Silvia, a smart and kind homeschooling blogger from Texas, sent me this book, along with two charming handmade bookmarks. I don't have a photo of the bookmarks because they are each tucked inside books my kids are reading. We were delighted by the bookmark surprise, and I'm delighted to read a book Silvia recommends.
I wonder if reading the book is how I ended up inside a run-down church last night, escorted by the caretaker to an exquisite surprise.
The author of Outside Lies Magic, John R. Stilgoe, urges us, like Charlotte Mason does, to get outside and wander around with curious eyes. That's all you need to do to find wonder in the world, and the world is full of wonder. Wonder isn't "over there" but wonder is where explorers, to use Stilgoe's term, notice it.
Last evening my family and I had a dinner date with friends in a neighborhood a few miles away. The evening was pleasant and we had plenty of time, so we walked. Even at a slow pace, stopping to play catch whenever we found an open patch of park, we arrived at our destination a bit early. To pass the last few minutes, we wandered into a nearby churchyard.
A man with a wheelbarrow approached us and said hello. I thought we would be questioned and perhaps shooed away, and I said, "Hi. We're just passing time for a few minutes. Is that okay?"
The man said, "No problem. Would you like to see in the inside of the church?"
"Sure," I said. I waved at my husband and son to stop playing catch and join my daughter and me for the tour.
I didn't expect much. I've been inside the basement at a community event and I've passed by the place many times. It's not much to look at. When we walked inside the dark sanctuary, I saw the walls were in desparate need of painting.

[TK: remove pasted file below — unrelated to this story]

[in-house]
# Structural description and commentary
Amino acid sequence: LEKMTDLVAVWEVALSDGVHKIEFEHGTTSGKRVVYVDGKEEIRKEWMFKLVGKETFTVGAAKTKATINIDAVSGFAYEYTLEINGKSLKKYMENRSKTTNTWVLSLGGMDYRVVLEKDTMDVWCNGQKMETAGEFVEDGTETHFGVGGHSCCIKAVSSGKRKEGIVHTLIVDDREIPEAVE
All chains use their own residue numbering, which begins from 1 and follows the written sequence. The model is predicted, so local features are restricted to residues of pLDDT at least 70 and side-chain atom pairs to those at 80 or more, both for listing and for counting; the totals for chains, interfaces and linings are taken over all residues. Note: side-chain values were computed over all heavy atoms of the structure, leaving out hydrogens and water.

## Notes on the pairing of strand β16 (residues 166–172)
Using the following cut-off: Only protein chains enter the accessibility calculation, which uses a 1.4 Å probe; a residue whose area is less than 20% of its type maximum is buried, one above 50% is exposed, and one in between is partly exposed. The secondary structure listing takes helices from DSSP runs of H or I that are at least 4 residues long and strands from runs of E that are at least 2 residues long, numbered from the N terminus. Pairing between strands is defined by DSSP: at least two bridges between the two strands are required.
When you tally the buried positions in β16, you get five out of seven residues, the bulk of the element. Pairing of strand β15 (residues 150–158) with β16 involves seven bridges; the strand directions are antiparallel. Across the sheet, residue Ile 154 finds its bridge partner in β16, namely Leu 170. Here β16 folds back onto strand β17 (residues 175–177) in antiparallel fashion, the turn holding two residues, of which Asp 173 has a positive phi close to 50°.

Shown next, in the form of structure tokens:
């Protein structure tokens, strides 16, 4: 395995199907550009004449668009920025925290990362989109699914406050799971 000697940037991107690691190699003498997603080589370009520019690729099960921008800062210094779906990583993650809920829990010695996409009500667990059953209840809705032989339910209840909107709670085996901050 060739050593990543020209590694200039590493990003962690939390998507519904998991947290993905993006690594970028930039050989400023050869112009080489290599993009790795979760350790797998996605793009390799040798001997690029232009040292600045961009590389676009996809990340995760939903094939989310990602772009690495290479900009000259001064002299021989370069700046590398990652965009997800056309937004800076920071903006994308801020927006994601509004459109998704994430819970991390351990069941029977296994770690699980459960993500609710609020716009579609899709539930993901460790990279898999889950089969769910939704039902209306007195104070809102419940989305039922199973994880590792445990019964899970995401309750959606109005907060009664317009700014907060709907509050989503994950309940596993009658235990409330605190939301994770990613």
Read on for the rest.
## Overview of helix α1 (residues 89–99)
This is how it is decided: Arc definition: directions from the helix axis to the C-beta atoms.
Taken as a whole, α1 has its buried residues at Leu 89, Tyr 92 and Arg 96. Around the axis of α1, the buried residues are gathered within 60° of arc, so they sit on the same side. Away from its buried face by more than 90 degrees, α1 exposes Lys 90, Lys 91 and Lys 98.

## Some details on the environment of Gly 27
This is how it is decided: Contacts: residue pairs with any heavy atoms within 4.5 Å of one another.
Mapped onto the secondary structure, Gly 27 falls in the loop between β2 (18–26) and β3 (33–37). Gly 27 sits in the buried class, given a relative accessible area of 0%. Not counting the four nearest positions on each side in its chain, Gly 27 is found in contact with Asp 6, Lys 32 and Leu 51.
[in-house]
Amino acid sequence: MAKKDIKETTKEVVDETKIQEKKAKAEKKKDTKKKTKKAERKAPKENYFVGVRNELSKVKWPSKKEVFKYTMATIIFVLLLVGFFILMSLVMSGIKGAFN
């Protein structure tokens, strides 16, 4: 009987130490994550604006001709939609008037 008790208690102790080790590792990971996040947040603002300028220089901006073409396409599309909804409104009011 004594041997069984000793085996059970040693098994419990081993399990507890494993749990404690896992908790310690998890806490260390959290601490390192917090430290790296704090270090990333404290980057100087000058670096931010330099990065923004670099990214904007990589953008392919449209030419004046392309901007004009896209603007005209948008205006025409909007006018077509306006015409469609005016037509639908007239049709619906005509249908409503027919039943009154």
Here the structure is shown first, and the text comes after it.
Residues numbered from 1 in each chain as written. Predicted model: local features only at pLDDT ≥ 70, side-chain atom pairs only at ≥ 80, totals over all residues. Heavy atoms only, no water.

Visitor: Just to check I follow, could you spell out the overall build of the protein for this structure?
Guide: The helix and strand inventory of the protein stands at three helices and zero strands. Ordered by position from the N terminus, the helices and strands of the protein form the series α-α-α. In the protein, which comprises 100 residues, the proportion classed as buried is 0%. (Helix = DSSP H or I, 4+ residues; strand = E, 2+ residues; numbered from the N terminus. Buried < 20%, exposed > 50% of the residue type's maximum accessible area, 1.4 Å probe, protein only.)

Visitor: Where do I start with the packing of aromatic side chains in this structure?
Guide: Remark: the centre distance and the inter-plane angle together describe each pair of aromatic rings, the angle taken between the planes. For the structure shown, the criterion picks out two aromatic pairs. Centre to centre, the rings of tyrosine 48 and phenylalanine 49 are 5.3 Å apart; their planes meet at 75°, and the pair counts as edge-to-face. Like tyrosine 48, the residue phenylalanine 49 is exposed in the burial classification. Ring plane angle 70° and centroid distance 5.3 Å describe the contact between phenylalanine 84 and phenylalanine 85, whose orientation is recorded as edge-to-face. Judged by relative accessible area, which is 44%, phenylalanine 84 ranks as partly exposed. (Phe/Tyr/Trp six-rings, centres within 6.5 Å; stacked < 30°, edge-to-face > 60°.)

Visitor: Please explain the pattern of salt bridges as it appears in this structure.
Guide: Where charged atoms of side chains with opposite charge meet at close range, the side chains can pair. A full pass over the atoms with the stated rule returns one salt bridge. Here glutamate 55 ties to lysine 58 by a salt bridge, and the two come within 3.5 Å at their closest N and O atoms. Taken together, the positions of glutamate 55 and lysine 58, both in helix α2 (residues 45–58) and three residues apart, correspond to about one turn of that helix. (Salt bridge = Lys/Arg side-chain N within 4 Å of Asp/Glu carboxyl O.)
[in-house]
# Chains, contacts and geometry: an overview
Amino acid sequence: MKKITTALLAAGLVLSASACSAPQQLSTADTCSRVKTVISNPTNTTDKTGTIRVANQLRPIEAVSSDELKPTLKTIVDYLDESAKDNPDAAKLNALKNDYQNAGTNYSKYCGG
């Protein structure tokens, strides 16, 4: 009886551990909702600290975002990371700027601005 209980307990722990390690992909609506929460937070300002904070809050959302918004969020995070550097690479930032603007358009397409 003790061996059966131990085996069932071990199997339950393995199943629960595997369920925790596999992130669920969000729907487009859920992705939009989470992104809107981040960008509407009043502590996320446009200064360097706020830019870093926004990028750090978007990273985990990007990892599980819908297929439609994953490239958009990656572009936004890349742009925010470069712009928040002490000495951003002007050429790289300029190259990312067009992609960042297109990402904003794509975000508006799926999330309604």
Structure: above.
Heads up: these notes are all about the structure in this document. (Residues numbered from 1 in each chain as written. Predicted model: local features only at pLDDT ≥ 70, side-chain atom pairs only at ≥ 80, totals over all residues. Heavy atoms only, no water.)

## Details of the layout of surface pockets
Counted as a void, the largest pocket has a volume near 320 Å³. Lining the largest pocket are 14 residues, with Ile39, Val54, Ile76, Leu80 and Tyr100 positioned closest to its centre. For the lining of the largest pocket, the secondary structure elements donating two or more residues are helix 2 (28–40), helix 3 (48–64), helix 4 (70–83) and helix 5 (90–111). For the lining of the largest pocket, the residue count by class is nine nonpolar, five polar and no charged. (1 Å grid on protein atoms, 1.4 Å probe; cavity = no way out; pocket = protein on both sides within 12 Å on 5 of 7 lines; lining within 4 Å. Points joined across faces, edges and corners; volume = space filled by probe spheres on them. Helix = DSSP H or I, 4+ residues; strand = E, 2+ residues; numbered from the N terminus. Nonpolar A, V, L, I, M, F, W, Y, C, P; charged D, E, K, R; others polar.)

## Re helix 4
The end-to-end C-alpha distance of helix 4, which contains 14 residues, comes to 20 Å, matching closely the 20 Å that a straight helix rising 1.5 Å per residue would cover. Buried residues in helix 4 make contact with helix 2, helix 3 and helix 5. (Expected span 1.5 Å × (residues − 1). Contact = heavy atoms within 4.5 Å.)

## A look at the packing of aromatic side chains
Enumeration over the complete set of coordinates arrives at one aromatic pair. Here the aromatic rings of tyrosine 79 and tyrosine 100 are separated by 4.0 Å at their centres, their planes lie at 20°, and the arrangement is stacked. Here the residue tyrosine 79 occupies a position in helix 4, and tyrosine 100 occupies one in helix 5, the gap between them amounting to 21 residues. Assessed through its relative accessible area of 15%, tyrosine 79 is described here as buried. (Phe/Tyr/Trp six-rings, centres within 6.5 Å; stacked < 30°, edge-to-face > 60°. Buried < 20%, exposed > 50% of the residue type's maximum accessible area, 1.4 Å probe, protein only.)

"The crash a few years ago really hurt the church. We don't have much money for repairs," our guide told us. It was obvious the place didn't have money for repairs.
It was also obvious that the place was gorgeous. In between the walls with peeling paint are huge and beautiful stained glass windows. Our host pointed out some special ones, like the dedication to Booker T. Washington. We showed us the intimate, but abandoned, Lady's Chapel, which has rondels in the windows.
But the ultimate surprise was when our host said, "We have something very special here that we don't advertise," and he pointed to two windows.
The little church, sitting a bit off the street, contains a treasure and we wouldn't have known about it except that we were walking, stopping, and willing to be led to it.
Thank you for the book Silvia. I already have another blog post in mind that I want to write about it.
But for now, it's time to get outside.